Sumo wrestling is the national sport of Japan and is considered to be one of the world’s oldest organized sports.
Wrestlers belong to stables where they eat, sleep, train and breathe everything sumo. They start their days around 5 a.m. They skip breakfast and go right into a 3-4 hour training session that focuses on flexibility, balance, strength, speed, stamina, and stance.
Then they eat a long lunch, consuming around 10,000 calories all chased with a hefty quantity of beer, followed by a long nap.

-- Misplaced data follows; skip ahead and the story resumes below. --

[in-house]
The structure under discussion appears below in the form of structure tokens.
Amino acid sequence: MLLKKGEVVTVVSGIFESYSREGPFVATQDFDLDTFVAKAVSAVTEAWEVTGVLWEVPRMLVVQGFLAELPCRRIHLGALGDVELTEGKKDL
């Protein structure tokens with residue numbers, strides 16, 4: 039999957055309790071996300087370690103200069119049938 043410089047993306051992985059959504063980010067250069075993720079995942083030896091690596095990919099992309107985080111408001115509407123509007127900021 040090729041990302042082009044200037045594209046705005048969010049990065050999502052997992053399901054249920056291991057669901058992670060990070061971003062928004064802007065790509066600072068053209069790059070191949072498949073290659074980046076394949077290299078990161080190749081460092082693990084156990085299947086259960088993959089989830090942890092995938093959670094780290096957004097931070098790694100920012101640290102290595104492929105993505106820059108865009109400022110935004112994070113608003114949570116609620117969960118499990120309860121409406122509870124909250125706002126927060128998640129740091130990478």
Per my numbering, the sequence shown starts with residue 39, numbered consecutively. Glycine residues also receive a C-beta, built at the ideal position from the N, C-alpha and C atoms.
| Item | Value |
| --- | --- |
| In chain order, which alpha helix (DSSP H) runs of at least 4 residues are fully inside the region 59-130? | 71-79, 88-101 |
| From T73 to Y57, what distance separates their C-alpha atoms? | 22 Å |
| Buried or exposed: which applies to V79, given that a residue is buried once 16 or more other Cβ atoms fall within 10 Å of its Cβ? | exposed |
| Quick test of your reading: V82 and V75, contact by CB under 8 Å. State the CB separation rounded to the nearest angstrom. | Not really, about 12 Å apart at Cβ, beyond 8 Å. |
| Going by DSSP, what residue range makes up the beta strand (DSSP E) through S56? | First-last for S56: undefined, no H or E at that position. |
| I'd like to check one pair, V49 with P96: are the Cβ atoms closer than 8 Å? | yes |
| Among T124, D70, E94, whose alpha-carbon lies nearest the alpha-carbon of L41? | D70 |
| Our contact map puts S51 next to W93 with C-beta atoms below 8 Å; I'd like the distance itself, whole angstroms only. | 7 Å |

So, let’s recap: Sumo wrestlers wake up and skip breakfast to train for several hours on an empty stomach, then they eat, drink, and take a nice long nap.
After the nap, they wake up, eat and go back to sleep again.
Training that hard on an empty stomach pretty much deprives their bodies of the calories they need to fuel their training, which then triggers the hormone cortisol into overdrive, directing their bodies to store as much body fat as possible in response when they actually do eat.
So, no wonder Sumo wrestlers are built the way they are. This approach to training trains their bodies to convert the calories they eat into fat storage rather than allocating them to where they could be used more effectively instead.